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Bevois Town Primary School

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Reading

“The more that you read, the more things you will know. The more that you learn, the more places you’ll go.”

Dr Seuss

 

"Reading is a passport to countless adventures."

Mary Pope Osborne

 

 

Reading Intent

 

At Bevois Town Primary School, it is our intention that every child will ‘be a reader.’ From the start of their journey with us, children are supported to develop a love of reading and to see themselves as readers. For a Bevois Town pupil, developing speaking, listening and vocabulary skills, is fundamental to their success. We believe that is important to not set a limit on what we think our children can do; we aim to instil and nurture the belief that all children can reach their full potential and we want them to succeed. We have high aspirations for our pupils and we expect children to have high expectations of themselves as well. Reading and listening to high quality texts provides children with a wealth of wider knowledge, understanding of the world, it develops vocabulary, and improves writing. We want to enable all children to find authors they love and provide them with the necessary life-long skills they need to ensure they can read confidently with a secure understanding.

 

Our core goals for developing readers at Bevois Town are:

  • To expose our pupils to a range of ambitious and challenging texts, from a broad range of authors, voices and cultures addressing the curriculum and the culture of our school.
  • To provide our pupils with regular opportunities to read aloud and discuss books at their phonic level and above to improve their reading fluency and foster a culture of ‘book talk’
  • To purposely and precisely teach meaningful vocabulary explicitly to broaden our pupil’s vocabulary and understanding of language
  • To read and embed high quality fiction and non-fiction in our reading teaching to develop our pupil’s background knowledge and understanding of the world, locally and beyond, providing them with key knowledge to support their understanding of texts and topics in our curriculum.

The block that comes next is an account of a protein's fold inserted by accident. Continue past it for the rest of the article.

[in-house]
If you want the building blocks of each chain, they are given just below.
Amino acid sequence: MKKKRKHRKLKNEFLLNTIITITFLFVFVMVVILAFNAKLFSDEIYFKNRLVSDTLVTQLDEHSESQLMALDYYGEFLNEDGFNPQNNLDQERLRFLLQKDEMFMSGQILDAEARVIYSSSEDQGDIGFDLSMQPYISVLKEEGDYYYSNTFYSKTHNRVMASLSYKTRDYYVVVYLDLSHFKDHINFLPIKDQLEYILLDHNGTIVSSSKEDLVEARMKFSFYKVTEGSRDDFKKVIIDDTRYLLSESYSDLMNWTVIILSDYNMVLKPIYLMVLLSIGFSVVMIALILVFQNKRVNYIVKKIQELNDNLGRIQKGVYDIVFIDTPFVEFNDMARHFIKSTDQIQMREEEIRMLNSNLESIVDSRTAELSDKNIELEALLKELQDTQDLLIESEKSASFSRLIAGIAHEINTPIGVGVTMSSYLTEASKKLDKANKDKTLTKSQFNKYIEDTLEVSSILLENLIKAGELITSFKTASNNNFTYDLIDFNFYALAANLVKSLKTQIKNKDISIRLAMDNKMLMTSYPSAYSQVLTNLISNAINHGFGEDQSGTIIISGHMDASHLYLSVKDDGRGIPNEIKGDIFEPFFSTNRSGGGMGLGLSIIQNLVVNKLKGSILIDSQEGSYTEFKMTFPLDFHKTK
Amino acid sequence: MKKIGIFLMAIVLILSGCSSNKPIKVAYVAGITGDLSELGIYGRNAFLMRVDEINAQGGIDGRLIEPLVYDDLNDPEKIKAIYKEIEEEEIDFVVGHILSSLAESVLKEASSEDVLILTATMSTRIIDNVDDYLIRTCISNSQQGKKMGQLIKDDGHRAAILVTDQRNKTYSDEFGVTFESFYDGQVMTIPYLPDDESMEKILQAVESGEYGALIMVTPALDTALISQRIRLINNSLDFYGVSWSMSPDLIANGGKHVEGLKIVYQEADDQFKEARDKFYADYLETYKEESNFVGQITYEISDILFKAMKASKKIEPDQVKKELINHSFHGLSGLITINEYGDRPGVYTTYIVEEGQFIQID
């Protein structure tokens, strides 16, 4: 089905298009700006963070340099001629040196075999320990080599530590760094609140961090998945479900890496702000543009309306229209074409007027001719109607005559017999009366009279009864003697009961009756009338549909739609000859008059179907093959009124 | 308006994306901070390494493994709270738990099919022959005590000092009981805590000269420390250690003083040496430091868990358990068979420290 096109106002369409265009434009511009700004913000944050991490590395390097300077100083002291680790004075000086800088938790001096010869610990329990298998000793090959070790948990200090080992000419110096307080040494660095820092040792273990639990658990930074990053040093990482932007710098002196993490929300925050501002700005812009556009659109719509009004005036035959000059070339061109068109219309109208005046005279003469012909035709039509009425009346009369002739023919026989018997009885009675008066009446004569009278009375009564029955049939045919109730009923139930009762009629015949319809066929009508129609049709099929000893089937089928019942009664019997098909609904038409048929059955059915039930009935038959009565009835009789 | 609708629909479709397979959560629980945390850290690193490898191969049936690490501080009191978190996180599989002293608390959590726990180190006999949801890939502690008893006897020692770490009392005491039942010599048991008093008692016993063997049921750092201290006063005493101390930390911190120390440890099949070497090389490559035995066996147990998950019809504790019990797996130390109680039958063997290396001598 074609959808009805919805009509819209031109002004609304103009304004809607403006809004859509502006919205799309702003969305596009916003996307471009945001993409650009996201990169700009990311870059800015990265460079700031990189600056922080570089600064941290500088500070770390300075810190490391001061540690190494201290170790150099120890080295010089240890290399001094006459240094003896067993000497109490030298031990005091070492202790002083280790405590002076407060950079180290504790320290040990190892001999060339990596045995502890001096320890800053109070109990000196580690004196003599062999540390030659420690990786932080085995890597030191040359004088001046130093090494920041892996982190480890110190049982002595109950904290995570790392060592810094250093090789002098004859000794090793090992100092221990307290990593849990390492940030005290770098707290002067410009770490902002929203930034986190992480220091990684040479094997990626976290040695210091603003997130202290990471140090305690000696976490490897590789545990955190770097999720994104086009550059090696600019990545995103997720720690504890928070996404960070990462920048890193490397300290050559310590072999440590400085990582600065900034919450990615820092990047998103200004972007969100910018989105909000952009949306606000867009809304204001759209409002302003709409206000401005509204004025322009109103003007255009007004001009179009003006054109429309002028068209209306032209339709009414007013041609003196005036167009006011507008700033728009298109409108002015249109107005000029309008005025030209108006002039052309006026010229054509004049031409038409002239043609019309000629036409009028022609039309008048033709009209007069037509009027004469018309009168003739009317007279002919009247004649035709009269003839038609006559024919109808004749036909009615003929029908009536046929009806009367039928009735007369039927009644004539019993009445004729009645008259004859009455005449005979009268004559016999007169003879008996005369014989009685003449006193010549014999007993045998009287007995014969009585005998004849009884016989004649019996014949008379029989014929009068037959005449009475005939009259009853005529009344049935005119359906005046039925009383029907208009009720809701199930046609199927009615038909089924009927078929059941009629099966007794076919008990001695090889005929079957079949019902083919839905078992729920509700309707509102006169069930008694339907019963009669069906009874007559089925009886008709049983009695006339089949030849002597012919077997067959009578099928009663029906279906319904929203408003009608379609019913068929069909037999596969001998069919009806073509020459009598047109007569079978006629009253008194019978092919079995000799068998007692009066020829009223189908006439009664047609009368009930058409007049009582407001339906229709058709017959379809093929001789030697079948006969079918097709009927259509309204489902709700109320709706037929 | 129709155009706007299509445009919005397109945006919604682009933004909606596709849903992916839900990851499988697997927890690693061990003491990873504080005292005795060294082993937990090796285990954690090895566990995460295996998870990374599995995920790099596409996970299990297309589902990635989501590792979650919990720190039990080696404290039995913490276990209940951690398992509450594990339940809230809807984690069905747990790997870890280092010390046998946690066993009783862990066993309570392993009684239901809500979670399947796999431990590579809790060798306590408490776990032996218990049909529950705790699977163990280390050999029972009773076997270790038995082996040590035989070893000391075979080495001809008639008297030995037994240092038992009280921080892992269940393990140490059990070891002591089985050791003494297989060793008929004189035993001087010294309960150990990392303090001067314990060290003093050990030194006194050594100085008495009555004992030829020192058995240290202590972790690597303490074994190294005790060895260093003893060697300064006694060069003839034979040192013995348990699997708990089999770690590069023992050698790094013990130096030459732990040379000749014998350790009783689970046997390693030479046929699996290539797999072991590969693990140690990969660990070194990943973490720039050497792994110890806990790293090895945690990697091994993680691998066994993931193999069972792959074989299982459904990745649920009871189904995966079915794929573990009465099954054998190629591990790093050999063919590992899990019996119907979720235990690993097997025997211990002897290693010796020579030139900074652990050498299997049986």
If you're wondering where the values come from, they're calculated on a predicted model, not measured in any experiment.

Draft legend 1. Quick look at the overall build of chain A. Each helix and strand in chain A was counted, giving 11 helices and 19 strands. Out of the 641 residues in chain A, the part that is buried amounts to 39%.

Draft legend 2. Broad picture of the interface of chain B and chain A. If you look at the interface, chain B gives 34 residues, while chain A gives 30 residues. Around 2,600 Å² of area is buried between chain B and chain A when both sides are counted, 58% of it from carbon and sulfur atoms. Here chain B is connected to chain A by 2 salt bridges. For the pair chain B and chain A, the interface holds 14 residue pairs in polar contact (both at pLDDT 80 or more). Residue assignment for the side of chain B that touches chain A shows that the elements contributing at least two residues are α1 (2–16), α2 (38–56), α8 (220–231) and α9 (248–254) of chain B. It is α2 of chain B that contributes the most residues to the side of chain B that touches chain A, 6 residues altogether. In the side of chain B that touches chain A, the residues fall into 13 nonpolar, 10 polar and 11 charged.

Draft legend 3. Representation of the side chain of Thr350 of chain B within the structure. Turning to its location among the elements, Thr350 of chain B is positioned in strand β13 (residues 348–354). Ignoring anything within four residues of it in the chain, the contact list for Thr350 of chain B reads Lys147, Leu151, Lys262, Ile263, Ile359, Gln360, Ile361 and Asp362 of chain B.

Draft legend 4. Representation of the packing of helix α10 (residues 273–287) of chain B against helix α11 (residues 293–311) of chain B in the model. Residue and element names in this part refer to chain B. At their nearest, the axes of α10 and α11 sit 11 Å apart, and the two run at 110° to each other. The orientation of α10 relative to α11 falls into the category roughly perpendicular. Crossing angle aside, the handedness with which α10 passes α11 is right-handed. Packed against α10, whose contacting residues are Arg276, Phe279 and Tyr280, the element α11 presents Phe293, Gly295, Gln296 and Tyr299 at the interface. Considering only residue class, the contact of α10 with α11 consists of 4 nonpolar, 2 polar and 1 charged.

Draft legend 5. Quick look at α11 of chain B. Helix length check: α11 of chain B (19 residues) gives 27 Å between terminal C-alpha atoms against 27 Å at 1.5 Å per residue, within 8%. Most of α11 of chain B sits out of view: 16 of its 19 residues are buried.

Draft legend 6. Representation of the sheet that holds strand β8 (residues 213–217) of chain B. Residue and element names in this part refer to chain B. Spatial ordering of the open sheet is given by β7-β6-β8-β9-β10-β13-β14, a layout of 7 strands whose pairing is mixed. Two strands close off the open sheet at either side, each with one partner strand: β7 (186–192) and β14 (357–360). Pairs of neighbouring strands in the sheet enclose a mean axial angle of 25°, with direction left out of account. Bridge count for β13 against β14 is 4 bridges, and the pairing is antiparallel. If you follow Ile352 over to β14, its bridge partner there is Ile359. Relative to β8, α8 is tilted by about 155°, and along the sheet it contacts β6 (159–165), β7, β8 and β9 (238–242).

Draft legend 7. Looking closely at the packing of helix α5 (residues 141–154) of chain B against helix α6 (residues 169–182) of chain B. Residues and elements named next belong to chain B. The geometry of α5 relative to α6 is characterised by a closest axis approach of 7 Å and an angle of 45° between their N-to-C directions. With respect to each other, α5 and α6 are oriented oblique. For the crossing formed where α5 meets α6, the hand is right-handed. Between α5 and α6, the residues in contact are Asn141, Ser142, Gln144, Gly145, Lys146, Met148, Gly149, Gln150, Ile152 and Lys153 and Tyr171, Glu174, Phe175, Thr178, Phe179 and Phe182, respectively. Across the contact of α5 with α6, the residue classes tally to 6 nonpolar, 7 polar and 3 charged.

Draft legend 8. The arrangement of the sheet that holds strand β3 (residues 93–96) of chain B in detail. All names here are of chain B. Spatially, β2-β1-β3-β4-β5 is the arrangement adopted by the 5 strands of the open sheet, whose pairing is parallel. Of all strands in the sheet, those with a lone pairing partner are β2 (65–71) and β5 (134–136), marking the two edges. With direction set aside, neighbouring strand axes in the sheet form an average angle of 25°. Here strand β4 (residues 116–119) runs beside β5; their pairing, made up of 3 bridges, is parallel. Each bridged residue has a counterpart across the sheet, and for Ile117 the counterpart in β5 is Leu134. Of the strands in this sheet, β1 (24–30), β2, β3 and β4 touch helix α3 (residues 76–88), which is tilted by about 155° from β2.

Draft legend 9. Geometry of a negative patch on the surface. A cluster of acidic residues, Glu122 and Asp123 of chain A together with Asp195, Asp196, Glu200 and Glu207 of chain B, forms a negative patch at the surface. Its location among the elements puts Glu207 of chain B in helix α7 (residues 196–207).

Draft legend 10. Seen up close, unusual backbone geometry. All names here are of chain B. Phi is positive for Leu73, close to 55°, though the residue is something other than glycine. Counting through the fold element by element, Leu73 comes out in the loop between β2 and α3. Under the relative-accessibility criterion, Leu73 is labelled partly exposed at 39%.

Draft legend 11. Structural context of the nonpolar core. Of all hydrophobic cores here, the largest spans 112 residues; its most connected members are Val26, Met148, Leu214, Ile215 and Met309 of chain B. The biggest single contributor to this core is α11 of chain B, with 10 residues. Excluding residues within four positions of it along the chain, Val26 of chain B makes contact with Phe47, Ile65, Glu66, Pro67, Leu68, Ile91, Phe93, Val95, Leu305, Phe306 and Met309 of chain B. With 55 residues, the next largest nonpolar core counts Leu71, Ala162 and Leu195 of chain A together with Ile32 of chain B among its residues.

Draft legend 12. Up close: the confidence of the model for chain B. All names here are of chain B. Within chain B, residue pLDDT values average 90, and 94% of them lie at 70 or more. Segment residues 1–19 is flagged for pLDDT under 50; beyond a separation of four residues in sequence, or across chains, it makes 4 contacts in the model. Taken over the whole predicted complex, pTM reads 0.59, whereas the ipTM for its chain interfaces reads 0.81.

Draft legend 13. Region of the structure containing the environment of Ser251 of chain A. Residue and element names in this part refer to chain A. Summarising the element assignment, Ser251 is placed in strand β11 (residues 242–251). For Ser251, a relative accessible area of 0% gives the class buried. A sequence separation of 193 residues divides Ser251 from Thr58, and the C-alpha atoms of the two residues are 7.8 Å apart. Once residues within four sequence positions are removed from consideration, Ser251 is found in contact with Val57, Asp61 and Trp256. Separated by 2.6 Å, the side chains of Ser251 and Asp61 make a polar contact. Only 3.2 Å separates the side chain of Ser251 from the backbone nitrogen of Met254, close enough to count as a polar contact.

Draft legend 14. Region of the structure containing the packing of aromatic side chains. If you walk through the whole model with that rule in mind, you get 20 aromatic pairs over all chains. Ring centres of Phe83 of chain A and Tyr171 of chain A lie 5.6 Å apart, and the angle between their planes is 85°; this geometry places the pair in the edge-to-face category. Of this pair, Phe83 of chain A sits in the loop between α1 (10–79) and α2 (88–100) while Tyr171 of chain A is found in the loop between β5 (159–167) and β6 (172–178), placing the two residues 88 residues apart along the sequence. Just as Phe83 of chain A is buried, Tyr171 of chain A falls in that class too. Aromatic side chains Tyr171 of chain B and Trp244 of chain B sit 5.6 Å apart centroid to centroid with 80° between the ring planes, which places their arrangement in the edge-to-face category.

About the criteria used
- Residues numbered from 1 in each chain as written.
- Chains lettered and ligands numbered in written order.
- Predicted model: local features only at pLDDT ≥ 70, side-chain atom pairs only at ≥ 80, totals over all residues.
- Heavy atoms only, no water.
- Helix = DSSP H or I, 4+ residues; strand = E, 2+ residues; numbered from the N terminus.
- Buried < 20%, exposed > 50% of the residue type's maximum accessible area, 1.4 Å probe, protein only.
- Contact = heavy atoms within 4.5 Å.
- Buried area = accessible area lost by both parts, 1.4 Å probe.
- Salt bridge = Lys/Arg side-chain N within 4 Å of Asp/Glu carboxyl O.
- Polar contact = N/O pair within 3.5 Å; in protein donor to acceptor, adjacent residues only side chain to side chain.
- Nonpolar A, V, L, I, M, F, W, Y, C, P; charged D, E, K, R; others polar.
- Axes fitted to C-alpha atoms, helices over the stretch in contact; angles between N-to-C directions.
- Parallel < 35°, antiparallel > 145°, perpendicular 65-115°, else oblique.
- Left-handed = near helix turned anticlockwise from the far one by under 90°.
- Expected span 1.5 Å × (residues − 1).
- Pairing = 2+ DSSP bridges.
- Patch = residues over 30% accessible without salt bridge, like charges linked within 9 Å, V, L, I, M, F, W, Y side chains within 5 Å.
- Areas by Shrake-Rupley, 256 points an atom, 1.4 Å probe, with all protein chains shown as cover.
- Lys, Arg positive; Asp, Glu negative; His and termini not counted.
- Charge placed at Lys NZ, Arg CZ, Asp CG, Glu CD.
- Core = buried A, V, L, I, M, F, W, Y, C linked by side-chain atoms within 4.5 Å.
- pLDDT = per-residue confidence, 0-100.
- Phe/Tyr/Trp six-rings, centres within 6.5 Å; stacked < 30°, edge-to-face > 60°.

• For our children to identify as readers, understand the importance of reading linked to their future success and foster a genuine love of reading.

 

In order to enable our pupils to reach their potential in Reading, our curriculum has been carefully planned to embed and enhance the skills and knowledge of our children each year following the key 'golden threads' of Reading.

Early Reading and Phonics

 

Through a consistent and rigorous approach to the teaching of phonics, we aim to provide the children with the skills they need in order to read confidently, fluently and with understanding, enabling them to access information throughout the curriculum to ensure they reach their potential. 

 

We develop phonic skills through a systematic approach, in daily lessons, which are adapted according to children’s phonics awareness and development. We follow the approved SSP program of 'Bug Club' to support children’s sound production and memory. At Bevois Town, we teach sounds in an order that has been carefully planned to match the key texts and writing outcomes over the year. The children are taught skills such as blending (putting sounds together to read words) and segmenting (breaking words down to spell them). Our sessions are interactive, pacey, lasting no more than 30 minutes and follow the structure: revisit, teach, practise and apply.

 

The planned teaching and progression of phonics skills are shown below including an example of a word for each sound.  At Bevois Town we use the cycle: assess, plan, and teach to ensure the phonics provision is appropriate for each individual.  Every cohort of children is different; therefore the progression of phonics is flexible and can be adapted by class teachers with support from the Literacy Leader and Phase Leaders, as and when it is needed.

Tricky Words

To enable the children to become fluent readers, they are taught to sight read ‘tricky words’. These are words that cannot be sounded out, such as ‘the’ or ‘said’. The children are taught to use the letter names when learning to read and write these words.  ‘Tricky words' are taught within phonics and literacy lessons and are planned to match the key text and/or writing outcome.  They are displayed and prompts are always available in classrooms.

Rich, High Quality Texts

At Bevois Town, we believe that our curriculum gives the children the opportunity to access varied and challenging texts which reflect our whole school curriculum ‘HEART’ values. Stories, poetry and non-fiction texts are carefully selected to ensure children encounter literature from a rich variety of genres, authors, times, cultures and places, and which build their cultural capital. These have been mapped to match and enhance wider curriculum learning, with opportunities woven in for children to build on prior learning and revisit ideas from a new perspective, enabling deeper learning. We have ensured texts include concepts and characters relevant to our children as well as unlocking new ideas. Texts are deliberately  chosen which challenge stereotypes and are empowering in their message.